Roadmap Djurgården – a sustainable development project

Royal Djurgården’s Society gathers around 60 attractions in the hospitality industry in Djurgården, including museums, restaurants, gardens, an amusement park, and music and theater stages. Annually, approximately 15 million people visit Djurgården and over 3,500 people are employed each season.

Being part of the world’s first National City Park holds significant meaning. For those of us operating within the hospitality industry at Djurgården, it serves as a reminder of our heritage and our long-term perspective. People have come to Djurgården for leisure and recreation for over 400 years, and our goal is to welcome visitors for many centuries to come. It’s a collective commitment that unites the Royal Djurgården Society and our member attractions.

Today, the tourism industry is a rapidly growing sector, and we fulfill the ambition of constant development. Simultaneously, we must steward Djurgården for future generations. We have a particular responsibility to ensure that the developments here occur sustainably. We want to take long-term responsibility for this place and develop it sustainably in collaboration with our guests. In the coming project part, we turn to our guests to explore a shared responsibility for the location.

The Royal National City Park – both Royal and Popular

Djurgården, a royal park since 1452, has also been the people’s park and the most popular excursion destination for Stockholmers for centuries. Today, Djurgården has over 15 million visitors annually, making it the most visited part of the National City Park. At Djurgården the combination of culture and nature is unique, not only for Stockholm but also for Sweden and internationally.

Entertainment, culture, and nature in the National City Park

In the two clusters of entertainment and culture here – the Event Park and the Museum Park – visitors encounter many of Djurgården’s attractions. Through the Royal Djurgården Society, these attractions have worked together since 2017 based on a collectively developed identity – Royal Djurgården. The understanding that the sum of Djurgården is greater than its parts is one of our most important foundations. Collaboration is a natural part of what we stand for, a tool for development, and a prerequisite for solving the challenges of today and the future.

A sustainable development project with support from the National City Park

We at Djurgården want to contribute to solving today’s and tomorrow’s challenges. Through the project Roadmap Djurgården’s first parts (2019-2022), partly funded by the National City Park, the Royal Djurgården Administration, the Royal Djurgården Society, and our members gained strength and the opportunity to deepen the collective work for a sustainable destination. The project has yielded lasting results and contributed to a shift in position that would not have been possible otherwise.

One example is the shared communication platform for Djurgården’s sustainability work – sustainable.royaldjurgarden.se – which you are currently visiting. Many of the articles here are related to our collective work that has been carried out within the project Roadmap Djurgården.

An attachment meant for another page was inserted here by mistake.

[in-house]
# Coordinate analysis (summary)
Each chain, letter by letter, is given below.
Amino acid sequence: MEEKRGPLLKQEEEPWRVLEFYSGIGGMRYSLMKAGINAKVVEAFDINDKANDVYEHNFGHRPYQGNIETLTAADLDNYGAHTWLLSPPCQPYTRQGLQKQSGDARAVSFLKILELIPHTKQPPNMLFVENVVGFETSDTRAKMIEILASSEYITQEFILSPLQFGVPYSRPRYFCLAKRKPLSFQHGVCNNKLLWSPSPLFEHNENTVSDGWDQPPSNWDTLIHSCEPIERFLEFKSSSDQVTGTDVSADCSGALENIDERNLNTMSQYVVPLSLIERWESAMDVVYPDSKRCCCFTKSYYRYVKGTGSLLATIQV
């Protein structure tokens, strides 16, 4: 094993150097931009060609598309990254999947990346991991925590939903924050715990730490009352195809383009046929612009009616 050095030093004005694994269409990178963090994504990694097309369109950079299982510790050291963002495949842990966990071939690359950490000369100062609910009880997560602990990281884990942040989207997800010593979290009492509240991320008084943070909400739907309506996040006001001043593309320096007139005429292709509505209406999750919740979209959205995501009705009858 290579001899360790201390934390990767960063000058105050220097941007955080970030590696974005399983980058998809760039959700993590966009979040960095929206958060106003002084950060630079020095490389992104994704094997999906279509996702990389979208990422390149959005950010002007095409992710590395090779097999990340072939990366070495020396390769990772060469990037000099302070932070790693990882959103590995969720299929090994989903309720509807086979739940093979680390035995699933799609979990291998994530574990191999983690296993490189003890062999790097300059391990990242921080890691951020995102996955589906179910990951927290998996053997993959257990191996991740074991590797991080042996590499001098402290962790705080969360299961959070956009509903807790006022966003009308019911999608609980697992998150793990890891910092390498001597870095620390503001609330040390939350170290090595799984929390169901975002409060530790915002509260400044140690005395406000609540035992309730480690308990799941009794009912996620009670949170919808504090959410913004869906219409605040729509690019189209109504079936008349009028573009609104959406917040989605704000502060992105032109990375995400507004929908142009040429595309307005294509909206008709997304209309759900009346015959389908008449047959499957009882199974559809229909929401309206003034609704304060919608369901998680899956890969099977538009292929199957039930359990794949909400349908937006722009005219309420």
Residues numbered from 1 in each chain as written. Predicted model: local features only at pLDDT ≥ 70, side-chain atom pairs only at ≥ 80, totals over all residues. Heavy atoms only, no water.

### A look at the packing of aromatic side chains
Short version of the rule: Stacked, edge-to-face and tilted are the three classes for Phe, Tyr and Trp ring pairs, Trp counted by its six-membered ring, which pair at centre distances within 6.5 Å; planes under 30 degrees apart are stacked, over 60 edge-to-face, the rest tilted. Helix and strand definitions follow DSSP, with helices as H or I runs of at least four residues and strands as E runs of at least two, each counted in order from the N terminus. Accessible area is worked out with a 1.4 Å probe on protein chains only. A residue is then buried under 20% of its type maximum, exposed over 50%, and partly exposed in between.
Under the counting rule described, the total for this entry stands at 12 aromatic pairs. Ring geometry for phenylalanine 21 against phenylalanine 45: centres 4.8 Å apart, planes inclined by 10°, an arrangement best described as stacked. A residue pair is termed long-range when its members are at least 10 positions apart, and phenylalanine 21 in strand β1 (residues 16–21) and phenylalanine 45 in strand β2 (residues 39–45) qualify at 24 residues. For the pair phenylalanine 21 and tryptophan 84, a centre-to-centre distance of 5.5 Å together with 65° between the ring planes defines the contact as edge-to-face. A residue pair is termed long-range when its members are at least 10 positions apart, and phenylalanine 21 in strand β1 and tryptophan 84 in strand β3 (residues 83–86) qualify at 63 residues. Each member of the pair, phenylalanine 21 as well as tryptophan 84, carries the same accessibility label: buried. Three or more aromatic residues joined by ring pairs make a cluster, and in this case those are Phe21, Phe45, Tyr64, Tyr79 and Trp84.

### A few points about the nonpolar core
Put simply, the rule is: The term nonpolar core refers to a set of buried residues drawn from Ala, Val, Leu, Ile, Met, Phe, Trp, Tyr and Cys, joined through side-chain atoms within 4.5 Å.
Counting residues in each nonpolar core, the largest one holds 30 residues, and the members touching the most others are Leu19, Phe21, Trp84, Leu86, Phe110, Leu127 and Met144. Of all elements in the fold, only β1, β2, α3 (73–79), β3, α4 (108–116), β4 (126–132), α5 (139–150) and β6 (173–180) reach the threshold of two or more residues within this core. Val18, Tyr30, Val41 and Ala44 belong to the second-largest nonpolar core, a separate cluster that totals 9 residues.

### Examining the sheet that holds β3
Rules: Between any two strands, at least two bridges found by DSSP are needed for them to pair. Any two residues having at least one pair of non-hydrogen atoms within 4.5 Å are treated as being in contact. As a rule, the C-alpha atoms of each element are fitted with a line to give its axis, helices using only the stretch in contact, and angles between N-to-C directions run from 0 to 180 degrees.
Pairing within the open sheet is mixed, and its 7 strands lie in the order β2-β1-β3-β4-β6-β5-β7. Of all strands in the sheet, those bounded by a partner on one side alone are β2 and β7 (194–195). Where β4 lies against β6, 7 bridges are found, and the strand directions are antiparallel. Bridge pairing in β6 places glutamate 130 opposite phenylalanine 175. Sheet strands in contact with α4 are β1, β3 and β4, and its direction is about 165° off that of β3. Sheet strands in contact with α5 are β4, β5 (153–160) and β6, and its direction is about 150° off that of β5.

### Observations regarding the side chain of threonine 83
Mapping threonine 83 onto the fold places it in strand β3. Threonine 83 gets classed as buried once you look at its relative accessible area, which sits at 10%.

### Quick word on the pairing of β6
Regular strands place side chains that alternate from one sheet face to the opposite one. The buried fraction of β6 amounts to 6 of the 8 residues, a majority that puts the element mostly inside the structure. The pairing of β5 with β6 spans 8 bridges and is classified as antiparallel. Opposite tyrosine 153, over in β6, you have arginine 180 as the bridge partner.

Here are some examples:

Project Roadmap Djurgården part IV

Now we continue with a fourth and concluding part. Today, Royal Djurgården is a green destination with high credibility and serves as an example both nationally and internationally. Our guests come from near and far to meet, learn, eat well, and have fun. We meet their expectations with inspiration, commitment, and a warm welcome. With 22 museums, we can connect Swedish cultural heritage with modern sustainable thinking. With over 30 restaurants, we can pave the way for a more sustainable food culture. Through the food we serve, the activities and exhibitions we produce, and our way of welcoming our guests, we can inspire millions of visitors every year. It’s a brilliant opportunity for change.

Our guests are part of the effort for a sustainable destination

Surveys show that more and more people want to live sustainably and make necessary changes in their daily lives. However, when it comes to our leisure time, travel, and tourism, there is a clear attitude-behavior gap. In the concluding part of the project, we challenge ourselves to engage and inspire our guests through communication and nudging. We want to invite them to be part of our transition.

Did you know this about the Royal National City Park?

  • The idea of collective and long-term protection of the area was conceived in the years around 1990, at a time when several major exploitation projects were in progress within and close to the future Royal National City Park in the capital Stockholm. The need for sustainable long-term and shared care to preserve the area’s great value for the future was widely noted.
  • Official bodies, associations, organizations, societies, private persons and NGOs joined forces within the umbrella organization of the union of Ecoparks. In 1994 the proposition ‘National City Park: Ulriksdal–Haga–Djurgården–Brunnsviken’ was accepted with broad support within the government.
  • The park stretches from Sörentorp and Ulriksdal in the north to Djurgården and the island Fjäderholmarna in the south. It spans through the municipalities Solna, Stockholm and Lidingö and is the most well-visited recreational area in the Stockholm region.

This work is related to the SDGs 8, 11, 12, 13, 15 and 17